If those walls could talk… even Justinna has repurposed the rooms several times. As her children have grown over the years, she’s reinvented the rooms to fit her needs at the time.
“One mistake newbies make is to shop for large pieces on vacation and then ship, which is expensive and you have to pay added taxes on imported items. I pick up smaller items when I travel and buy the bigger pieces locally.”
Justinna finds items all over Singapore, but she warns that it can be hard to tell the difference between true antiques and reproductions. Some places say their items are made from old reclaimed wood just to make a sale. Emperor’s Attic (formerly FairPrice Antiques) is a favourite of hers for old items as she trusts the source. The end tables she got there go nicely with the bed she bought from another expat and painted white for her daughter.
She’s also had several larger pieces made, such as her dining table. “We went to Woody Antique House in Dempsey and they had an old door, but we wanted something bigger. The Woody’s team found it for us and made it into our dining table, which we just love. I especially love the legs with their old English flare.” Her four-poster teak bed was made by The Shophouse. Over it hangs a piece of art she picked up in Myanmar, painted on material.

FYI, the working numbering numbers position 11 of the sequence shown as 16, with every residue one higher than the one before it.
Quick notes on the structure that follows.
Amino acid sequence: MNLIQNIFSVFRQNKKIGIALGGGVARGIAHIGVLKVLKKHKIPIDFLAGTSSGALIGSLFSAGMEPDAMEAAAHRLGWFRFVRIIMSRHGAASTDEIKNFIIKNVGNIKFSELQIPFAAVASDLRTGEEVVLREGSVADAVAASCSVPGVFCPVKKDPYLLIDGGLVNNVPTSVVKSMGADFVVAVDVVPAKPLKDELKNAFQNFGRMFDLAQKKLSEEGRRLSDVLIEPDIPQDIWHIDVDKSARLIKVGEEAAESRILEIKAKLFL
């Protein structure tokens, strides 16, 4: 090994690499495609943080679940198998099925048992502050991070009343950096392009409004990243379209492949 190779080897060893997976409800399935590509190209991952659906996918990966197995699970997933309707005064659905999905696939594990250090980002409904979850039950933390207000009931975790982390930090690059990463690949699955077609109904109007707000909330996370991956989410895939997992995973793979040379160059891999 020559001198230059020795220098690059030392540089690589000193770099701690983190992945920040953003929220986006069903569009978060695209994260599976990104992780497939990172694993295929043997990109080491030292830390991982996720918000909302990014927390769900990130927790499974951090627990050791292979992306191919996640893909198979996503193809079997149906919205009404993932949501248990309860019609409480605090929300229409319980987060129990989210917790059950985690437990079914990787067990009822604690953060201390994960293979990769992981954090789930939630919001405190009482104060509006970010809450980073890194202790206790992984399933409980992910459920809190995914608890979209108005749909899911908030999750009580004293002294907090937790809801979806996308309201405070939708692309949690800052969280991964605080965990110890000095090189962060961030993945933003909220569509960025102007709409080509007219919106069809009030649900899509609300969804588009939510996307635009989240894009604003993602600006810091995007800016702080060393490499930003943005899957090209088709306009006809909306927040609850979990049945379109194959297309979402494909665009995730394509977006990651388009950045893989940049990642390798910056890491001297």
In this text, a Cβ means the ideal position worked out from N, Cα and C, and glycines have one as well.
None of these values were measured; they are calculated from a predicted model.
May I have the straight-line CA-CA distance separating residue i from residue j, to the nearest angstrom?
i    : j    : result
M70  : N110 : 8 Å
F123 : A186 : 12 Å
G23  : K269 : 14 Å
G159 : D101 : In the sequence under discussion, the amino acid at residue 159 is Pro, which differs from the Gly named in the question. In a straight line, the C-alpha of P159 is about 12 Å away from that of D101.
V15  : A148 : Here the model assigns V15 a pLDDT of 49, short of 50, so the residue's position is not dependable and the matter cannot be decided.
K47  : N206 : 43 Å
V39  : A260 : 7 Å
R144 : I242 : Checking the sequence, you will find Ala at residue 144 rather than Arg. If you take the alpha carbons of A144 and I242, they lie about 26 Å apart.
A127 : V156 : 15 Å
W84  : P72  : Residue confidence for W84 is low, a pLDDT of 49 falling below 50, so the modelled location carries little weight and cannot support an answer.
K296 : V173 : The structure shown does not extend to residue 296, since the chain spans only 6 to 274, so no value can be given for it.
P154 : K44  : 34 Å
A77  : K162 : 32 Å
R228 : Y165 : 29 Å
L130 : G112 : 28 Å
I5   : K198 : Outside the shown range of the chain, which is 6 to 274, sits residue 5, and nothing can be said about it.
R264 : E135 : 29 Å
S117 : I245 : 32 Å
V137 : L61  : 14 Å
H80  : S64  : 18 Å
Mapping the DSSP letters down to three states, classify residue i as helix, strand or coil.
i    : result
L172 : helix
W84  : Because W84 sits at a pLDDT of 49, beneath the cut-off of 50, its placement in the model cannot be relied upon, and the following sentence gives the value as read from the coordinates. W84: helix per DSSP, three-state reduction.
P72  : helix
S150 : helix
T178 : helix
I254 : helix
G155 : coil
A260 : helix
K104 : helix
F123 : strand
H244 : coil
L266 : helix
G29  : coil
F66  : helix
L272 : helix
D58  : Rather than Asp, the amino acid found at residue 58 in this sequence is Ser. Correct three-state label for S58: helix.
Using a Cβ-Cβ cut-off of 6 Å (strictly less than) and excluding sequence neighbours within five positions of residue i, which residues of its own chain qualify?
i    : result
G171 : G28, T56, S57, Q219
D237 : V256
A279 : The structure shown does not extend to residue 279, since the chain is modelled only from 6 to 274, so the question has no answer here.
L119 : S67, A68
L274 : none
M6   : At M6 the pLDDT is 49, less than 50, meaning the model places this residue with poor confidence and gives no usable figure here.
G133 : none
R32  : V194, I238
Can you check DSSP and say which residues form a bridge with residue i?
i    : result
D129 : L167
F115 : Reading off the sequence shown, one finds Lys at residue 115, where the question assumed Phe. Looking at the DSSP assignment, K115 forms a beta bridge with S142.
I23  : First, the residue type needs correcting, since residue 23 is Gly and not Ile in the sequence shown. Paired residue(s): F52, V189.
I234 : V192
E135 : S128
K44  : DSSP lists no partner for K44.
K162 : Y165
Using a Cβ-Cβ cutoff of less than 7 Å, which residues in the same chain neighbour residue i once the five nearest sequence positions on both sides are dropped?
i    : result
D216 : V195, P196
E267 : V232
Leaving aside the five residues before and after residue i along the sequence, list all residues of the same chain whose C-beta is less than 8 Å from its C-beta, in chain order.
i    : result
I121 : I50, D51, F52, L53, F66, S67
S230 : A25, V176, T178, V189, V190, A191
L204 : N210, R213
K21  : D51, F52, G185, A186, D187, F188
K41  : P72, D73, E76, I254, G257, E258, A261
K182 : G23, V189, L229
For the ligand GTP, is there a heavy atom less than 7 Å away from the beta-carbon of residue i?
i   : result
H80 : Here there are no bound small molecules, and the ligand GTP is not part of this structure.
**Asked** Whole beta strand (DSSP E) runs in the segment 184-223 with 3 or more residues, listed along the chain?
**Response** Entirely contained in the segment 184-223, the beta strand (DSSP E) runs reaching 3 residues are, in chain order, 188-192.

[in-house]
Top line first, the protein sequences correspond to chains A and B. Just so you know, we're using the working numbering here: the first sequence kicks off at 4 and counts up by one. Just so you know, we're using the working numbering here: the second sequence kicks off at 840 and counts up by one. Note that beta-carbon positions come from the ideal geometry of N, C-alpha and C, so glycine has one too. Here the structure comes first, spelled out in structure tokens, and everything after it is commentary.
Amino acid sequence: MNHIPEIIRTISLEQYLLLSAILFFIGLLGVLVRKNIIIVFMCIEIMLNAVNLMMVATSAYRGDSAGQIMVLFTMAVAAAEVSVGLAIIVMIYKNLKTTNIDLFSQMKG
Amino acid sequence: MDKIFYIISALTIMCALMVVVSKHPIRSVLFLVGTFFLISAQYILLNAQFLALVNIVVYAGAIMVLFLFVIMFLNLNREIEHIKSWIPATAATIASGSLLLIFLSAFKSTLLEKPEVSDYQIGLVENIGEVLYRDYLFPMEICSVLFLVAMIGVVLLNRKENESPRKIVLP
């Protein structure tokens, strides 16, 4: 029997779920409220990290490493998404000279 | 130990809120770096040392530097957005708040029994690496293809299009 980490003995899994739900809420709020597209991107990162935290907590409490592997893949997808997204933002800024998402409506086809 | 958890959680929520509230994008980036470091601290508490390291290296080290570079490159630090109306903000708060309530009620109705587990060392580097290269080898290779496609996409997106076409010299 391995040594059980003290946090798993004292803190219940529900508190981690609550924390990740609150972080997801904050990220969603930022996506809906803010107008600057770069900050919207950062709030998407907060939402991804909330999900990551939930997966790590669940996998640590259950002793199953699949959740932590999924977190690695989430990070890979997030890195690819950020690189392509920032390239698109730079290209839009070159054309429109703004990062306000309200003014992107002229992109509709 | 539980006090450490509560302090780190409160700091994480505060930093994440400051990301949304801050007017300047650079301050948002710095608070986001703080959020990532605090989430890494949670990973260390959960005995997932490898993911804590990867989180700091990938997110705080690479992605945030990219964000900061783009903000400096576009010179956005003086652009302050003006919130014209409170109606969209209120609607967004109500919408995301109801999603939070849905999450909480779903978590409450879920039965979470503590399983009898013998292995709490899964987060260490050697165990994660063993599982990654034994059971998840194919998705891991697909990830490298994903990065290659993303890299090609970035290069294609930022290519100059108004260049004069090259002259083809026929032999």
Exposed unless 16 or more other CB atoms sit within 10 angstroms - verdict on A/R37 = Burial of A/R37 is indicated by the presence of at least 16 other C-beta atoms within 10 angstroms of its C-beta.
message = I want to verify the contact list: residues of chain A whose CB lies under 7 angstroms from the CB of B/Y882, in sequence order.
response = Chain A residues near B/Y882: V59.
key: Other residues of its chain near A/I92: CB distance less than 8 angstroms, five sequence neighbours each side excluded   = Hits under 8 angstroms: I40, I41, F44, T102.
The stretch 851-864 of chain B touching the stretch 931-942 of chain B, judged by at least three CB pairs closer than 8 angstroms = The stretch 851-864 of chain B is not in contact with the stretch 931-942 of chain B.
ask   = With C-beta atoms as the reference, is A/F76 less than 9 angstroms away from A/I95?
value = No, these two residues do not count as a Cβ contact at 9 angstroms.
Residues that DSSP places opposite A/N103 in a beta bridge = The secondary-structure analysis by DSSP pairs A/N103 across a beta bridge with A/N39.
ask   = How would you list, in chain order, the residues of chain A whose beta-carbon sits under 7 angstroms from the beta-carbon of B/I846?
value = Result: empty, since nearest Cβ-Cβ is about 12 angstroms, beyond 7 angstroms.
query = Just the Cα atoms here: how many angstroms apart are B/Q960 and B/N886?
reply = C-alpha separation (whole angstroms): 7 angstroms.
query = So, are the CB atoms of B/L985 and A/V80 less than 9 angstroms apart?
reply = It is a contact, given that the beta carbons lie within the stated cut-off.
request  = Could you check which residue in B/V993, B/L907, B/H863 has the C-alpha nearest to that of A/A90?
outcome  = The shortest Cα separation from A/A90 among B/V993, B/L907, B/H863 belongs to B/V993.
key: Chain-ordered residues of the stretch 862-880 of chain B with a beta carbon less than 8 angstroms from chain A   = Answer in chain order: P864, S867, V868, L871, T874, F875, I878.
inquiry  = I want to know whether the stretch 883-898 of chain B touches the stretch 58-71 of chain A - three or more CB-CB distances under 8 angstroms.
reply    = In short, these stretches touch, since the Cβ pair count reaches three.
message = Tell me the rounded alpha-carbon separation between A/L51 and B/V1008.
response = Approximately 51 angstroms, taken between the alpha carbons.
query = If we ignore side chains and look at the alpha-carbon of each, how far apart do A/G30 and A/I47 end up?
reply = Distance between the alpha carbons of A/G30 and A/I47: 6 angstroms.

Justinna also chooses very bright colours for her art, sourced from several vendors including Hanoi Art (a big Buddha), REDSEA Gallery (the painting in the entry to the home) and Ketna Patel (several acrylics).
She has also done amazing things with the garden, planting a fruit and vegetable orchard that the children really loved as they each grew some special plants such as chillies, papayas and pineapples. There are also three large rambutan trees. “The garden gave the children something to make the house feel even more like a home.” A frangipani tree, grown from just a cutting, now shades the terrace.
People often think Asian furniture only looks good in Singapore, so they often worry about investing too much. Justinna, however, believes that items from this part of the world look fabulous back in the UK or wherever you live – the art is in the mixing of things you buy here with other items from elsewhere. Believe it or not, she isn’t as much worried about moving her Asian-style furniture home one day as much as she is about the colourful items. “I would love to bring all this colour back to London one day, but it just wouldn’t fit into our place there.”
In truth, Justinna has come to think of Singapore as home. “I stopped calling London home a long time ago. Home is where you make it. Family is the heartbeat, isn’t it?” And, for Justinna, her heart is in an old house in Siglap.
Emperor’s Attic(antiques) emperorsattic.com
Hacienda Blue (bone-inlay table) haciendablue.com
Hanoi Art Gallery hanoi-artgallery.com
Joo Chiat Sofa & Cushion 275 Joo Chiat Road
Ketna Patel (acrylic art) ketnapatel.com
The Shophouse (fourposter bespoke bed) theshophouse.com
REDSEA Gallery redseagallery.com
Woody Antique House (bespoke dining table) woodyantique.com
Want more home inspiration? See our home decor section!
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This article first appeared in the January 2019 edition of Expat Living. You can purchase a copy or subscribe so you never miss an issue!